Gas industry major topic on ‘listening tour’

MARK NANCE/Sun-Gazette Above, about twenty citizens turned out for a stop on the state Department of Environmental Protection Office of Environmental Justice listening tour at the Genetti Hotel Thursday.

The state Department of Environmental Protection heard about the regional effects and concerns of those impacted by nearly a decade of natural gas drilling Thursday at one of the stops in a statewide listening tour.

The Genetti Hotel was the third stop out of nine as part of the department’s Office of Environmental Justice listening tour to hear what residents were concerned about.

Historically, minority and low-income populations feel the hit of environmental impacts most, according to the office.

It is the job of the Office Environmental Justice to make sure that not one group is unjustly burdened.

But many of the residents at Thursday’s session stressed that the problems facing the county, the state and the globe are burdening everyone.

Barbara Jarmoska, an active area conservationist, said the biggest environmental justice concern in the area was gas drilling.

“I am fortunate enough to not be a marginalized person,” Jarmoska explained. “But I own rental properties around the area and during the gas boom, I had tenants that were terrified that I would raise their rent.”

The gas industry runs on a boom-and-bust cycle and it’s looking like another boom is coming, she said.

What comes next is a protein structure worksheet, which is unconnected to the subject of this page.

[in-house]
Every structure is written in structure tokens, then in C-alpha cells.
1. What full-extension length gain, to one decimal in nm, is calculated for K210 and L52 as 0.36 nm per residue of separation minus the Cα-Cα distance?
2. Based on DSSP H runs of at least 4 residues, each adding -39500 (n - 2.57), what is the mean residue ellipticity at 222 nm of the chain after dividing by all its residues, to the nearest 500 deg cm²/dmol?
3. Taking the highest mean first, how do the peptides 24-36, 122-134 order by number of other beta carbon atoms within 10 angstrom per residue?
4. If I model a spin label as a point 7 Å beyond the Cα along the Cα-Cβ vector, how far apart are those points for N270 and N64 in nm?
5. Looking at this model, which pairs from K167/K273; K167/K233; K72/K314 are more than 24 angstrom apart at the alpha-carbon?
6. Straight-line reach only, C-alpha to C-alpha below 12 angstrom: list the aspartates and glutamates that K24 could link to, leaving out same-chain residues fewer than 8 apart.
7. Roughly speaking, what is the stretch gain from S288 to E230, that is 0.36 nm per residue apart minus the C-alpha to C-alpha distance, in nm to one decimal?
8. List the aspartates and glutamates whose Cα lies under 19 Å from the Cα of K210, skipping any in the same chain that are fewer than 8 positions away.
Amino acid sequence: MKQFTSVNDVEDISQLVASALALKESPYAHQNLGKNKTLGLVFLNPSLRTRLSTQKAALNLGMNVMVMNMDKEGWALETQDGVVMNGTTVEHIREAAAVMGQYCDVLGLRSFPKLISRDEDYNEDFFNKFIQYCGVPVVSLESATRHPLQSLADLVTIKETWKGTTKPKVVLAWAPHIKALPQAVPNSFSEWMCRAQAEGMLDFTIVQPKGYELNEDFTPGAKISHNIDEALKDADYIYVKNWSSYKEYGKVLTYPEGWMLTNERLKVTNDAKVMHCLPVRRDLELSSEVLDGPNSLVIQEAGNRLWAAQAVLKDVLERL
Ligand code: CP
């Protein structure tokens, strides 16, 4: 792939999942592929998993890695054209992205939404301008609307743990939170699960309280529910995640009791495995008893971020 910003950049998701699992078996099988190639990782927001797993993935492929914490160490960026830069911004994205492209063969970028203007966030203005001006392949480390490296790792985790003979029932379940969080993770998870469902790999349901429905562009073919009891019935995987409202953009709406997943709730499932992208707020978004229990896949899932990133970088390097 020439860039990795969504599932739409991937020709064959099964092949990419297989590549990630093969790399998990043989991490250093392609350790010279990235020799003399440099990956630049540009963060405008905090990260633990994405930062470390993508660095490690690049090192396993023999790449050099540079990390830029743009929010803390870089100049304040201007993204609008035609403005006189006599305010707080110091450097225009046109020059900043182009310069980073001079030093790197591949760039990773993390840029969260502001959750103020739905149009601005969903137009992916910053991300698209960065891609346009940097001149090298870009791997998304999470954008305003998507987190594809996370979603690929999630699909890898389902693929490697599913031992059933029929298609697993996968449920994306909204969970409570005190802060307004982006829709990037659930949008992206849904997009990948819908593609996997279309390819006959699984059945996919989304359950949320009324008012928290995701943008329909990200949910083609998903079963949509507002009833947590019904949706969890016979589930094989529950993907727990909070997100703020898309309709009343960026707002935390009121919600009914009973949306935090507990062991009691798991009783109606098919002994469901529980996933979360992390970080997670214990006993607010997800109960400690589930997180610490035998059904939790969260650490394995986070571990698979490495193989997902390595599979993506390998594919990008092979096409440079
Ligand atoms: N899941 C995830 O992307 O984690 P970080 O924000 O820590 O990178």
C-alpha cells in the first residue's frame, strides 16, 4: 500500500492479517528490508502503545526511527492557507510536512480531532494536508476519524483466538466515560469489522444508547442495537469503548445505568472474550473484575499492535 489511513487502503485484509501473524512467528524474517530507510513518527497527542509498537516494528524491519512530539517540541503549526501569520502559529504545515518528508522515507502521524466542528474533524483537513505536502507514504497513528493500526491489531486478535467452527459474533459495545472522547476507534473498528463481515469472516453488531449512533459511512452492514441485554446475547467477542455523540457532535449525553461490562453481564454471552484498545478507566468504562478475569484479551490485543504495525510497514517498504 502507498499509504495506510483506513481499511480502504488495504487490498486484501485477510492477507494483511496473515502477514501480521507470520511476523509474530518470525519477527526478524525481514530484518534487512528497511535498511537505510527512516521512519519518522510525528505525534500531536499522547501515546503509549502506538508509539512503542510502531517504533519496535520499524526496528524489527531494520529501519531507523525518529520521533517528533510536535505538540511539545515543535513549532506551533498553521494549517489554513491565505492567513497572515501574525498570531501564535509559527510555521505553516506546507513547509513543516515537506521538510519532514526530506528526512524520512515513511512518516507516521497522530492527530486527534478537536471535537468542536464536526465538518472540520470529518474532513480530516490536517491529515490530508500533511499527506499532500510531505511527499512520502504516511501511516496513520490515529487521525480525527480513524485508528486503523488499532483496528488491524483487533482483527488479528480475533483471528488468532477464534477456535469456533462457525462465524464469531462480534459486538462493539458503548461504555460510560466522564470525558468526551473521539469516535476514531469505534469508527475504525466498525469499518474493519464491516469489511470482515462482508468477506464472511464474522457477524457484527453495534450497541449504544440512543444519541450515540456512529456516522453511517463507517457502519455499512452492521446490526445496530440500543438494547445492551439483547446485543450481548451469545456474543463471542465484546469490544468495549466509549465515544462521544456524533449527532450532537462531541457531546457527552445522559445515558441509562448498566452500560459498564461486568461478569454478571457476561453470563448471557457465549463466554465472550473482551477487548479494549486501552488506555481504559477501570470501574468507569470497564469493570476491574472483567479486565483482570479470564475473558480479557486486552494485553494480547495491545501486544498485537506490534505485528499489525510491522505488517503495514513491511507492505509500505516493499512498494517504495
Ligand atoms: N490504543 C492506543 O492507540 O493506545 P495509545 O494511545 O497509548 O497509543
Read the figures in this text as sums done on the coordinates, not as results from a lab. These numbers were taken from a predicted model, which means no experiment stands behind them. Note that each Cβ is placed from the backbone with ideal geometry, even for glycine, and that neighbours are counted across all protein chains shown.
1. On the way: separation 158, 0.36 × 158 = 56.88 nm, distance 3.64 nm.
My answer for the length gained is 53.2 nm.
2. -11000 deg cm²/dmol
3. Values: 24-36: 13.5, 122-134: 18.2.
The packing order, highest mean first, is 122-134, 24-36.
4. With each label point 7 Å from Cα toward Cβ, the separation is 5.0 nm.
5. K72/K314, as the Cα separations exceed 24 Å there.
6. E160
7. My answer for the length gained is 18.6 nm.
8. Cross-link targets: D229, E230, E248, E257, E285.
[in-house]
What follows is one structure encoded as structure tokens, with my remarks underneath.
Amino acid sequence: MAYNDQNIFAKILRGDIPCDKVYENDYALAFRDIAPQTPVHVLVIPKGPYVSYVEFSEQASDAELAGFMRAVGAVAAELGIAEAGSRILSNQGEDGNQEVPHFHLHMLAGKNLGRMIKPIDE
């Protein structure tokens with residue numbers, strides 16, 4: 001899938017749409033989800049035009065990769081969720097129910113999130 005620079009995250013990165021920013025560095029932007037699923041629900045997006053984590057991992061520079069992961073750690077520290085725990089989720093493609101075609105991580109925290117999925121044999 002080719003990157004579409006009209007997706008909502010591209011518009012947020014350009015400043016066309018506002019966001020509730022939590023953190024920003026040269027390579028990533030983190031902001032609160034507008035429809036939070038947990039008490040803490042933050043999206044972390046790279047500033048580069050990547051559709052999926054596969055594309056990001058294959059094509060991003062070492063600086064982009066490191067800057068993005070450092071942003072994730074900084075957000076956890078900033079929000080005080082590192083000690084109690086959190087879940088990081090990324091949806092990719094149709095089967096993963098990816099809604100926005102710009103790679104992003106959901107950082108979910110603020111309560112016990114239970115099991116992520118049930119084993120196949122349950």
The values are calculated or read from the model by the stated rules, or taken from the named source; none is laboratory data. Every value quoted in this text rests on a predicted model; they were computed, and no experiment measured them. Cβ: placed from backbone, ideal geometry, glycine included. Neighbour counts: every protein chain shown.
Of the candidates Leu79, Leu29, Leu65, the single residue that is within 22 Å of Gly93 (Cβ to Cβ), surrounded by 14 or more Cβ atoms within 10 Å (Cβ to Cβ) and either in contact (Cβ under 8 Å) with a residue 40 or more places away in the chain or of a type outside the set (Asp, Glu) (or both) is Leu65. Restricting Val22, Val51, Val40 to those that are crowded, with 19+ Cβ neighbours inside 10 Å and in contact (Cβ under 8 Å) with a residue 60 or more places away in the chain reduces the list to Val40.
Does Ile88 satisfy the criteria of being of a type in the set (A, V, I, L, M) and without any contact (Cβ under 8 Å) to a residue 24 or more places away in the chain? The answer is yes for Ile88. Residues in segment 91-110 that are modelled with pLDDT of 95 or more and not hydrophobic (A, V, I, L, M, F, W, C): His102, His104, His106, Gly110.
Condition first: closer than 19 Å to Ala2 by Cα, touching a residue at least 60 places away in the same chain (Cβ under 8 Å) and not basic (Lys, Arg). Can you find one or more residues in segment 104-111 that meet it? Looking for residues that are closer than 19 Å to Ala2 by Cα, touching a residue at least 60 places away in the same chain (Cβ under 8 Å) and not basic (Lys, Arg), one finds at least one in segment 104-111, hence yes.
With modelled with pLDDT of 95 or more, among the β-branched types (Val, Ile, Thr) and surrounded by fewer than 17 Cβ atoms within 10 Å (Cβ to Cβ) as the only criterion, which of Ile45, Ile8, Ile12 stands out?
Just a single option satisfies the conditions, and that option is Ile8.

One of Jarmoska’s serious concerns was that many of the violations a well receives aren’t publicly announced.

The unjust impositions of the gas company and the lack of meaningful participation in response to it are a big negative happening in the county, Karen Frock said.

“I never voted in any referendum that said they could lease a portion of Loyalsock Creek,” Frock said. ” … We need to keep the gas industry out of our state parks.”

During a hearing in Loyalsock Township years ago, a lawyer representing Inflection Energy LLC gas company wouldn’t let residents ask questions about anything other than the well pad they were trying to put in, Ralph Kisberg said. “We can’t even ask questions,” he said. “It doesn’t seem just.”

Not all of the residents spoke about the impact of the gas company directly, but rather how to get people more involved in their environment to form a catalyst for change.

“The single biggest thing we can do is to connect people to nature,” Jim Dunn said.

Connecting people, particularly marginalized or low-income residents who live in urban areas, to the environment can be challenging because of many different social issues, he said.

“We are very fortunate here, though,” Dunn explained. “Within a mile of this very spot, you can use a public river path to walk to a community park in South Williamsport.”

DEP has a significant ability to link people to nature through their granting process, which Dunn said he would like to see more of.

“I would also like to see a policy change,” Dunn said. “To see you come up with a pilot program that would include multi-agency cooperation to create a couple of big projects. I think that would really make a huge impact.”

DEP’s listening tour is a call for public comment and participation for the first time since 2004, Carl E. Jones Jr., director of the Office of Environmental Justice, said.

“It’s important to come out and get input from those most affected by our policies,” Patrick McDonnell, acting secretary, said. “This is not the end of the conversation when we leave the room. This is the start of a feedback loop.”

DEP will be accepting comment up until May 25 online at or in writing to be found at